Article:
Training ministry workers to care for themselves and be better equipped to care for others.

By December 9, 2005

USA (MNN) — It’s been three months since Hurricane Katrina swept the U-S Gulf Coast, but the devastation still lingers.

Young Life workers from the area are trying to pick up the pieces of their own lives, while ministering to many other needs at the same time. Young Life’s Cindy Mathisloy says they are caring for the ministry workers through critical incident debriefing.

She explains: “They certainly have lost the routines of their life, so the idea of critical incident debriefing is to go in afterward, and train our volunteers and staff on how to take care of themselves and how to take care of other people who have just been through a crisis.”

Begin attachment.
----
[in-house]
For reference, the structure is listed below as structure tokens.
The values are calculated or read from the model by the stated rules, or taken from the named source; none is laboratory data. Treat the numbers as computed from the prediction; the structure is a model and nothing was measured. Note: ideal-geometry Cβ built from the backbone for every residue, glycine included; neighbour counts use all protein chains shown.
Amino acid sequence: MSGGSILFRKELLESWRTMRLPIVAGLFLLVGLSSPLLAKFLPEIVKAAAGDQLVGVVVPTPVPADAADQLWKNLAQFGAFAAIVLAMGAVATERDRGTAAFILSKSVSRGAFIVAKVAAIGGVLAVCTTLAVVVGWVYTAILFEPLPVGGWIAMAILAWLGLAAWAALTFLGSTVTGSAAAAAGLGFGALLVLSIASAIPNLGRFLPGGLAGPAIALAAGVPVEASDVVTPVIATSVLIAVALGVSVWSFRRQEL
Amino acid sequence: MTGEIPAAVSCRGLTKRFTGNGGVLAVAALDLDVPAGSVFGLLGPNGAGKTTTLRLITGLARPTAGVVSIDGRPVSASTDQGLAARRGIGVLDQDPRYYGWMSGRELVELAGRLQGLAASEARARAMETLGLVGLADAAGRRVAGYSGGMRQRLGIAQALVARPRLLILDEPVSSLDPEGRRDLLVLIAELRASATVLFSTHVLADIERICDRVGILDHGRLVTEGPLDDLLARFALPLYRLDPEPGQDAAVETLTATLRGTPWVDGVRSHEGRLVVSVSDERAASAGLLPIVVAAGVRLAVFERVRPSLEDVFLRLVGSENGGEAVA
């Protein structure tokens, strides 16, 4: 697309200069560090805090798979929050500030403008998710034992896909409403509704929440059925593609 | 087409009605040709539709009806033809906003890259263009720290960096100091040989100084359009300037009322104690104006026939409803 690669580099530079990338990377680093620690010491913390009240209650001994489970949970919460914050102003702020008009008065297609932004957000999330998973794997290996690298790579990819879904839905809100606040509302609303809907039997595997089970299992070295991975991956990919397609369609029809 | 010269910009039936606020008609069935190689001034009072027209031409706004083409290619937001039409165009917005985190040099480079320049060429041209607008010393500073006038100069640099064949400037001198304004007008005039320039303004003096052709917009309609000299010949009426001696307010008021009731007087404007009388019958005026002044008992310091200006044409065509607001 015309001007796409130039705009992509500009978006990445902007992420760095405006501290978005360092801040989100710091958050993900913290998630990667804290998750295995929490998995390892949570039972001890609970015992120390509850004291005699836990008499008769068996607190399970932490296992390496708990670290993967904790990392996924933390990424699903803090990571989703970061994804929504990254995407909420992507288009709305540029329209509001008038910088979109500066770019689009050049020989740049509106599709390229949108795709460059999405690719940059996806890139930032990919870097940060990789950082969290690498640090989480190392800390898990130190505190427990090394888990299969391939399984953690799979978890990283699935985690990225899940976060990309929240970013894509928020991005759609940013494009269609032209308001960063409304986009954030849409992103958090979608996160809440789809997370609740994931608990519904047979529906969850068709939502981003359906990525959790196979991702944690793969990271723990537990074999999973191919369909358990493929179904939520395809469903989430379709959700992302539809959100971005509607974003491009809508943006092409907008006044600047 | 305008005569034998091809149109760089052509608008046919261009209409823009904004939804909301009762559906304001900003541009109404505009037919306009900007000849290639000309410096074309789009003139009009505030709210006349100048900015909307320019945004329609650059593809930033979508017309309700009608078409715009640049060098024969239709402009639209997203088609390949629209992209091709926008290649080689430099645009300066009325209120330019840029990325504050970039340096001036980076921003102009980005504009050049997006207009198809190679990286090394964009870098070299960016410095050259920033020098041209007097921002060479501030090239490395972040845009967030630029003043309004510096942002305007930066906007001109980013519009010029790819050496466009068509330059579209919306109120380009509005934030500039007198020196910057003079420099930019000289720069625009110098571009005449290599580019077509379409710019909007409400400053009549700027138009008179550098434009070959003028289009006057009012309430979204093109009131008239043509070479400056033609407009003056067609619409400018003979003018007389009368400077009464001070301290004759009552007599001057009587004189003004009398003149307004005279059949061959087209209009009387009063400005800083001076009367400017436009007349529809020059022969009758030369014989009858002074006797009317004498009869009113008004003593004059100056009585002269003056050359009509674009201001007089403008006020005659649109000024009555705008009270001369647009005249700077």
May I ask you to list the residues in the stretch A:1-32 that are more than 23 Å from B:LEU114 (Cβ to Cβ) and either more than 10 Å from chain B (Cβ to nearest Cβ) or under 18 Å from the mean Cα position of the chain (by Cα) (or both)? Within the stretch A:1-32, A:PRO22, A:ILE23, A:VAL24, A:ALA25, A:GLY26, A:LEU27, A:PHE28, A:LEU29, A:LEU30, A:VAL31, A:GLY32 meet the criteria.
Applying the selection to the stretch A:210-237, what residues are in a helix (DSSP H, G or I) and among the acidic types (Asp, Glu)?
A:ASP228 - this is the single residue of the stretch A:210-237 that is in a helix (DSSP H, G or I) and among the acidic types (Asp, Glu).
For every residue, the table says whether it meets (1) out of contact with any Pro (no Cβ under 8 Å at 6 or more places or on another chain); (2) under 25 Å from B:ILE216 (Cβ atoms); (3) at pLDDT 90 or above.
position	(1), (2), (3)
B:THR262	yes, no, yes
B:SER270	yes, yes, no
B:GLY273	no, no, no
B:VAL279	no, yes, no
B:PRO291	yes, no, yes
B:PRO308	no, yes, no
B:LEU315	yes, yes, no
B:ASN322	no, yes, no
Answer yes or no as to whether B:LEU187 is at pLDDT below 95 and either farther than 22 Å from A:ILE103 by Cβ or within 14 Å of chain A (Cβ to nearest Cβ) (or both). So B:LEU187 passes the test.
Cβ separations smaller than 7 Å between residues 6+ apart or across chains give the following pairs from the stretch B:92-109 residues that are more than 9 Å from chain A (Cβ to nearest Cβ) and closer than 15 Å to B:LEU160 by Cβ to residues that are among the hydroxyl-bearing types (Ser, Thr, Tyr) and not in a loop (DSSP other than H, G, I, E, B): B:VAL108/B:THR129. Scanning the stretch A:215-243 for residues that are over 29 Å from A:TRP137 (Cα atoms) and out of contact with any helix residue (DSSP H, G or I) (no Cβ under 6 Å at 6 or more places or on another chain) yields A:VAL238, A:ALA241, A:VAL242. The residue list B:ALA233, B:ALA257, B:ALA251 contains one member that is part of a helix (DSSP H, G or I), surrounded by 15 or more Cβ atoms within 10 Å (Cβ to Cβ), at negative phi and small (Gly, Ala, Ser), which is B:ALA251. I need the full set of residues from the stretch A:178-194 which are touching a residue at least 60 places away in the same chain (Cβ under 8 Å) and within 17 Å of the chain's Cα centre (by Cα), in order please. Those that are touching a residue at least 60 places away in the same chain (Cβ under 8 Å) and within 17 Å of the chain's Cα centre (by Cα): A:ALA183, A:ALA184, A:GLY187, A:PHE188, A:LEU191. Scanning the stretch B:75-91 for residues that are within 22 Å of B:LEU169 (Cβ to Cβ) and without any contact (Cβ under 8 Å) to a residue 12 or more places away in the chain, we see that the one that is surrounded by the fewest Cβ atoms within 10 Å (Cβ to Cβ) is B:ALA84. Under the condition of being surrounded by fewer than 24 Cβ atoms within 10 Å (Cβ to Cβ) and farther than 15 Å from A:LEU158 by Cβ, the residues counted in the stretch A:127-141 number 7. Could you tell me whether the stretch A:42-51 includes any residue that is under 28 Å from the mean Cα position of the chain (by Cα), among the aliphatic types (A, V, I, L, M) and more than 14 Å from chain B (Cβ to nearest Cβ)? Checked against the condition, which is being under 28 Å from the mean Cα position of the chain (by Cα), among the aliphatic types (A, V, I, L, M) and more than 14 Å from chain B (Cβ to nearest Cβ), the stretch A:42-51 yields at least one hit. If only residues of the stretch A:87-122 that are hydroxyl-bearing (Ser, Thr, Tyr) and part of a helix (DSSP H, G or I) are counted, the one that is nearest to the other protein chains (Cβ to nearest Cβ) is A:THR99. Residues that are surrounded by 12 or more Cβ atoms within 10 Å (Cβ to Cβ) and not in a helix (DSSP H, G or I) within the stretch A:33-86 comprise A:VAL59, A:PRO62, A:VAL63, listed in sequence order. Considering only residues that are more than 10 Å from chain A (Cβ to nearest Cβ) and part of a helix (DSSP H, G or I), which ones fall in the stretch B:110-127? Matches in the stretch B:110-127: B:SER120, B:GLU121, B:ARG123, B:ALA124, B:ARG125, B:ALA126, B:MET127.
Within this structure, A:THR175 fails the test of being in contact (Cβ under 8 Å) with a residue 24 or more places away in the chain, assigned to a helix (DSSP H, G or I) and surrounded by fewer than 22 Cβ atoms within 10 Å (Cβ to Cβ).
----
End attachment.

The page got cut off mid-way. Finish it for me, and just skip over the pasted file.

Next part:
Mathisloy says their energy is wearing thin, and trying to meet ongoing needs is tiring and discouraging. That’s why the kind of care and training Young Life is providing is so important. “People who are on Young Life staff, they just want to give. And I’m sure that’s true for other ministries as well. And so it’s important always to instruct them how to take care of themselves first, so that they have something to give.”

And what they’ll be able to give is the love and compassion of Christ even in the midst of crisis. Mathisloy asks prayer for encouragement and endurance in the ongoing disaster relief.

“We’re in second and third and fourth level kinds of coping. And people who had hoped that things would be back to normal are finding that months and months later, things are still not back to normal. And the consensus is that we ought not look for what used to be normal, but we’re going to find a new level of what is normal.”

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